Summer in The Hamptons: 8 Things to Do in Montauk
Visiting The Hamptons? Read our curated guide to the best things to do in Montauk.
You may know The Hamptons for Lamborghinis, mega-mansions and polo, but sleepy Montauk, at the far eastern edge of the South Fork, came a little late to the party. For years the beach town remained under the radar, but the secret's out now, and it's a popular escape for New Yorkers. In fact, Montauk draws plenty of comparisons with NYC – it is to The Hamptons what Brooklyn has been to Manhattan, drawing regular visitors away from more established Hamptons hotspots. But even though celebrities including Julianne Moore and Robert De Niro own properties in Montauk, it still retains a distinct atmosphere as a bohemian surf spot.
Montauk is one of our new holiday destinations, which reflect a newfound desire for more outdoorsy, slower-paced destinations over big-city jet setting. And if you’re looking for accommodation, our holiday rental homes are vetted by professionals who make sure only the top 3% make it into our listings. So you know you’re in for a luxurious and stress-free stay in a Plum Guide home. (Tip: you’ll probably want to book a property with a pool here.) And now, without further ado, here's our expert-curated list of the top things to do in Montauk.
The Surf Lodge
With seafood fresh off the boats in Montauk Harbour and the occasional residence with Michelin-star chefs (Shaun Hergatt came down from NYC last year), The Surf Lodge is one of Montauk's hottest restaurant venues. Expect live music – it could be Solange or Janelle Monaé, if you’re lucky – and highly probable celebrity sightings under the canopy of woven fishing-style baskets.
One of the best things to do in Montauk is to make the most of its spectacular surf, and the famous Ditch Plains, also known as ‘The End’, have some of the top waves. But even if you’re not here to surf, there’s bodyboarding and stand-up paddle boarding here too (with the breaks here making it that little bit more of a challenge). If you're too fancy for water sports, grab a spot on the golden sand and watch it all happen.
The historic Montauk Lighthouse was commissioned by George Washington in 1792, making it New York State's oldest. Inside, there’s a museum covering the history, but best of all, if you commit to climbing the 137 stairs to get up the tower, you’ll be rewarded with views out across the ocean and coast from the picturesque easternmost point on Long Island.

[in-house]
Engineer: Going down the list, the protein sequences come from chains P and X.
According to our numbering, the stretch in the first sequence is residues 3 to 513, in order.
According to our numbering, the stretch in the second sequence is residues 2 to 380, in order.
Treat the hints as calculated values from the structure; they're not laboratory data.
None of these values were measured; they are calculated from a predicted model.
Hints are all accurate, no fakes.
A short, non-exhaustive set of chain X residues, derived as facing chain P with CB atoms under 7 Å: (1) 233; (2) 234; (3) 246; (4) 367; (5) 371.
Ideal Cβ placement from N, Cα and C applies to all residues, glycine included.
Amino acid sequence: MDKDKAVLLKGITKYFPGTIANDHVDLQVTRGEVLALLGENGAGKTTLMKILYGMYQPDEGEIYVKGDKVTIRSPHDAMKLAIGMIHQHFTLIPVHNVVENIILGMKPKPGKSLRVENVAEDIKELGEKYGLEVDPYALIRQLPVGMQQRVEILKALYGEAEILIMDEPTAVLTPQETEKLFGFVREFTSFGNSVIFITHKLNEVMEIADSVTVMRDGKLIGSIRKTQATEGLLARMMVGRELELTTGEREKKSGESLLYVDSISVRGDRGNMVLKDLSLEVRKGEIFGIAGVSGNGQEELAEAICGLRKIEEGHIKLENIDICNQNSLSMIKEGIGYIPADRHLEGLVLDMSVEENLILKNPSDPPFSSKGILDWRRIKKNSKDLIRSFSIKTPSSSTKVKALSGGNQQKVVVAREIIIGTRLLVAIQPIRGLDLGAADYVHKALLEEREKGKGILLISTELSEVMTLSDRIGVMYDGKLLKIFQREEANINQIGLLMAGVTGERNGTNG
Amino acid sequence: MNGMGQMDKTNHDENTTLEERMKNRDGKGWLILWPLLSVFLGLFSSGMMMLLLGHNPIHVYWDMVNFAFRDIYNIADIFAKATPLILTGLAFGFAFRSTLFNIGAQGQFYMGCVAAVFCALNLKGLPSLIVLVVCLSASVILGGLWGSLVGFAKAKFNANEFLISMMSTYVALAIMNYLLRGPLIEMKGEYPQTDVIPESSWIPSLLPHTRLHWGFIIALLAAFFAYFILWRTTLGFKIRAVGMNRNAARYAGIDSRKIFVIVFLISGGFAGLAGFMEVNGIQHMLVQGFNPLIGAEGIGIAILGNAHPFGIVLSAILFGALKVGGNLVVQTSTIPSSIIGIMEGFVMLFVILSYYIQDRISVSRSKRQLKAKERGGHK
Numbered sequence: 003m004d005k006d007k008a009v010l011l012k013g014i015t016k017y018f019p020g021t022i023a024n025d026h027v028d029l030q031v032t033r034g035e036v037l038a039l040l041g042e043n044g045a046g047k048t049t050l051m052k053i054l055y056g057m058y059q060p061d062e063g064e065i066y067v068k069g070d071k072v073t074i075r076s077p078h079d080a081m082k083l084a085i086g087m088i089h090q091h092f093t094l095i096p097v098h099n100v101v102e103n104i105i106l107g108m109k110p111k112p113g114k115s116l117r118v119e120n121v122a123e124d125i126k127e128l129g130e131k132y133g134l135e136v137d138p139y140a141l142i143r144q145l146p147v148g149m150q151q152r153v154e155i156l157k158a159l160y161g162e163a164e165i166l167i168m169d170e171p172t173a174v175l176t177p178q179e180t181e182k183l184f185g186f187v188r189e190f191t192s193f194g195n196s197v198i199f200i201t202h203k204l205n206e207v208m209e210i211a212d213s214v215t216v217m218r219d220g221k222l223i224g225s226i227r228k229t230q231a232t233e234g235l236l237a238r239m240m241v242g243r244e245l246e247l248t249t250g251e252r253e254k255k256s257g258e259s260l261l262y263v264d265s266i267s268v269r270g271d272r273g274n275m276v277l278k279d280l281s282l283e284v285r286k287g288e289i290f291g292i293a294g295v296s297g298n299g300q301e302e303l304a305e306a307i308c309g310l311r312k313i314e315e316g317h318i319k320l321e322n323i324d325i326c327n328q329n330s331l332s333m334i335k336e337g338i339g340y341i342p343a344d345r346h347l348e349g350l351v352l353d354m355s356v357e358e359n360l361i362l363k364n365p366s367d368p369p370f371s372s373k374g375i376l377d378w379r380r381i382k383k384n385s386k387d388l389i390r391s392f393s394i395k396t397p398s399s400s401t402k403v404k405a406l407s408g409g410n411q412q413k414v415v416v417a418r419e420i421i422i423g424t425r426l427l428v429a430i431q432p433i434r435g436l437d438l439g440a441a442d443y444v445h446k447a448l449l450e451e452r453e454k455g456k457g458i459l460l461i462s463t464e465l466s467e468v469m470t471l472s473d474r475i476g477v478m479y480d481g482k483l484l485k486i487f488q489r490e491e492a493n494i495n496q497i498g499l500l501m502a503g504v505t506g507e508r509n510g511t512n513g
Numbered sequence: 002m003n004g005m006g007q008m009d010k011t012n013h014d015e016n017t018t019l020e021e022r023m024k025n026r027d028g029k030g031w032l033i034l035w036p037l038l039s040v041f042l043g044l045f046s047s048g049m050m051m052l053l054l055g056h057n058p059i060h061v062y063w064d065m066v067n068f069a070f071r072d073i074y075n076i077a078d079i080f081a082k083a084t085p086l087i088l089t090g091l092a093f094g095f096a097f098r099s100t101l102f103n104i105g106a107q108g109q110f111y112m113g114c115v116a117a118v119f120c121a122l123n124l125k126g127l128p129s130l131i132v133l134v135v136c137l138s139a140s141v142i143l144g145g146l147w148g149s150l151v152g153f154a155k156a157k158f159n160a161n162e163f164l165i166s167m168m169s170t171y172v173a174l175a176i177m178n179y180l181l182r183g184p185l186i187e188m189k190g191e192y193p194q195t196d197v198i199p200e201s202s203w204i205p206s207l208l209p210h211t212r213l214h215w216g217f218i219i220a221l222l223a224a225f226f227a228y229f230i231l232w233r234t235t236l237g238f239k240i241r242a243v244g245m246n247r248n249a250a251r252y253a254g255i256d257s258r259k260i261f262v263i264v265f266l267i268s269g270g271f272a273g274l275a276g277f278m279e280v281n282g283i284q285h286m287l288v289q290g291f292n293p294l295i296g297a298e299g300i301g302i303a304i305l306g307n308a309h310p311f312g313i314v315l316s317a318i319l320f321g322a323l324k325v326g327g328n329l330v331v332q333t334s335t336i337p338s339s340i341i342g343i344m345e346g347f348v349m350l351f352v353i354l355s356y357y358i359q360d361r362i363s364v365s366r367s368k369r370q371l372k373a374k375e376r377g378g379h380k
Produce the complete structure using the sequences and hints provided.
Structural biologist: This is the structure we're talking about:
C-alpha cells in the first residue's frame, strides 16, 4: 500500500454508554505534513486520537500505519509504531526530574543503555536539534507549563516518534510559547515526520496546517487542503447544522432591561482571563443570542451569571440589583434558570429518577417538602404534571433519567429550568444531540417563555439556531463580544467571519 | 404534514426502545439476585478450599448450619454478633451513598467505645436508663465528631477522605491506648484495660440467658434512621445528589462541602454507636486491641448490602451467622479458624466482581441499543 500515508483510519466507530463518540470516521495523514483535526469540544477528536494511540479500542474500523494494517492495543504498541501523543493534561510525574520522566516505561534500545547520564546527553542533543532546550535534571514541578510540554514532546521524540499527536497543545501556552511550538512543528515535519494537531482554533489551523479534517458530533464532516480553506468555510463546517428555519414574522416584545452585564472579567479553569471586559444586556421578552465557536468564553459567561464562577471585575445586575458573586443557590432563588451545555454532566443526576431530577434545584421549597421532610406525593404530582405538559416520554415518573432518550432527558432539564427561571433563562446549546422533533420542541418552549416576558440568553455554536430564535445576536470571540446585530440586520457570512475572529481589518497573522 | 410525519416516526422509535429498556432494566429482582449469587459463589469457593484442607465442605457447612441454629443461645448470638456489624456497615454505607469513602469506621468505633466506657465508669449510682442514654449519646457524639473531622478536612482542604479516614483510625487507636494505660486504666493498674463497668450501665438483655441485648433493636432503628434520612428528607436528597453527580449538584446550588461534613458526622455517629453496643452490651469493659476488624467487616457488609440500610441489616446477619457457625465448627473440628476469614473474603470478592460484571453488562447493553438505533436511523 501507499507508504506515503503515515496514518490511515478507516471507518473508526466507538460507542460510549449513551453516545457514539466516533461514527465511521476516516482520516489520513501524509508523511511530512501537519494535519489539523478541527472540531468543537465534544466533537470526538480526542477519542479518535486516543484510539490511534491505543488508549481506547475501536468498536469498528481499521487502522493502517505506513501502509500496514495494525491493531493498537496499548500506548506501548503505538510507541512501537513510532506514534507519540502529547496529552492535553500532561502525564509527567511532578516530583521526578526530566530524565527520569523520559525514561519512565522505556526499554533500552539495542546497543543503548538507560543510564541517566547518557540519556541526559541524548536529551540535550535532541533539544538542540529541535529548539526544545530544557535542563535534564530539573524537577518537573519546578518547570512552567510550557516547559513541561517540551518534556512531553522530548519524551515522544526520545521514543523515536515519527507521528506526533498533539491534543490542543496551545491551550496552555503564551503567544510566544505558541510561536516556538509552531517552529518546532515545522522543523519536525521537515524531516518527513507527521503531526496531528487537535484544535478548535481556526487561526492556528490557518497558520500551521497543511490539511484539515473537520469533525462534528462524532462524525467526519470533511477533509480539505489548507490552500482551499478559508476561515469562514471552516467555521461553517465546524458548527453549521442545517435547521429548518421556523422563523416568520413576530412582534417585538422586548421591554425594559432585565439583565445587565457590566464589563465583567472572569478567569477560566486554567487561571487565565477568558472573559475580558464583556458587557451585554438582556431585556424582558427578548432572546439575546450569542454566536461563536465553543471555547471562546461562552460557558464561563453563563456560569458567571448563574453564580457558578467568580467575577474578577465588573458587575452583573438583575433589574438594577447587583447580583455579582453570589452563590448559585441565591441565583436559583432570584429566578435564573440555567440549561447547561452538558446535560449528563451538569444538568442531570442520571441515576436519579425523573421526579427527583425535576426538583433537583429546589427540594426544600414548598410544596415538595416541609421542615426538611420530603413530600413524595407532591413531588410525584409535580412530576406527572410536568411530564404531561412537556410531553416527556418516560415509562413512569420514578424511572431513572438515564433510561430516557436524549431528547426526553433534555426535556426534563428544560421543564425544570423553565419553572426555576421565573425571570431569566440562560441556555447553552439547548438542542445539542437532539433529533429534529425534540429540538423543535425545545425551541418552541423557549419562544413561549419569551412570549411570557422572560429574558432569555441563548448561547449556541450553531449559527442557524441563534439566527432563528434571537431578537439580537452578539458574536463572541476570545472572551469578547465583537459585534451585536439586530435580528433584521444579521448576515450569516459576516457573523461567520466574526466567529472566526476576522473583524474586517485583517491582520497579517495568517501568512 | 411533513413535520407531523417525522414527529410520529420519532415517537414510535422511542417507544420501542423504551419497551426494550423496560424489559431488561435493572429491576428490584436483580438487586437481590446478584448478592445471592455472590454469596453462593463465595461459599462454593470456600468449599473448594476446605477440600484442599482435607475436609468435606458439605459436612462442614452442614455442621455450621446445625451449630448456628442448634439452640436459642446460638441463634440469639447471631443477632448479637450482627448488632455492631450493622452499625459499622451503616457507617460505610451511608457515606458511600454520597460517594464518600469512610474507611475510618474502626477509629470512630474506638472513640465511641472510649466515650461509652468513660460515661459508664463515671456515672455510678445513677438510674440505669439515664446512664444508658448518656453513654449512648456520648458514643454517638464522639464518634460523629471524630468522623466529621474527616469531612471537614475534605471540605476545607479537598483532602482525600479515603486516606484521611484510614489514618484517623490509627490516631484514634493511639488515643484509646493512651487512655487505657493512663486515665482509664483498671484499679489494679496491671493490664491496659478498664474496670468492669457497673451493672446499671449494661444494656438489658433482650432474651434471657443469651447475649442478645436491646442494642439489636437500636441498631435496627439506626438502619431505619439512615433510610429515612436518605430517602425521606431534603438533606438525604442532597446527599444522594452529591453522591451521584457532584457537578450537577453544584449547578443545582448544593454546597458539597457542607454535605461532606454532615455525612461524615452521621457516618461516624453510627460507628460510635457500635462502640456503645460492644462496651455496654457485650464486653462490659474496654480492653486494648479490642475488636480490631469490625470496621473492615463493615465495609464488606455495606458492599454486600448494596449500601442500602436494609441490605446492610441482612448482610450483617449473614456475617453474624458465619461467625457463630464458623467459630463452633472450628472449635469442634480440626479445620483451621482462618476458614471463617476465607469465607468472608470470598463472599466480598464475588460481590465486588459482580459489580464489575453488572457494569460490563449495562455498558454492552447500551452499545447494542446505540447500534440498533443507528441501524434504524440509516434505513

Montauk Point State Park
Once you’ve seen the lighthouse, head to Montauk Point State Park for a clifftop walk along rugged Atlantic coastline. As well as coastal hiking along impressive bluffs, this is also a top spot for stand-up paddle boarding, windsurfing and spotting seals on the rocks offshore. Plus, Montauk Music Festival is also held here each May, supporting acts spanning the genres from pop and hip-hop to jazz, bluegrass and folk.
The Crow’s Nest
Don’t expect super-swanky dining at Montauk’s best restaurants: The Crow’s Nest is way up there, but it keeps its character with wooden tables, mismatched crockery and an obvious design commitment to the beach location. Expect local sea bass, organic salads, artisanal cheeseboards and a cocktail menu that’ll appease most committed New York City bar-hoppers.
Montauk Country Park
Montauk Country Park is all hiking trails, grassy sand dunes and beaches that trail into the distance. Explore this tranquil area on horseback via Deep Hollow Ranch, the oldest working ranch in the US, established in 1658.
Gurney’s Star Island Resort & Marina
If you didn't stretch to a property with a swimming pool when booking a stay in the Hamptons, all isn’t lost: snag a lounger by the pool at Gurney’s Star Island beach club, with its chic white loungers and location right beside the water. A menu of oysters, Sriracha lobster rolls and fish tacos will have you wanting to stay forever. Well, you can certainly prolong your stay with a treatment in the spa.
Duryea’s Lobster Deck
This 80-plus-year-old seafood institution used to be much more… basic, but Duryea’s has been given a simple-yet-chic, gently Balearic-style reinvention with white cushioned benches and a sail-like canopy. Admittedly, it's not hard to make a place look good with these ocean views as a backdrop, and the fresh seafood dishes still do most of the hard work anyway: think lobster rolls, chips and champagne, and platters of fresh-caught shellfish to share. If you're really into seafood, why not book a stay in an actual fisherman's cottage?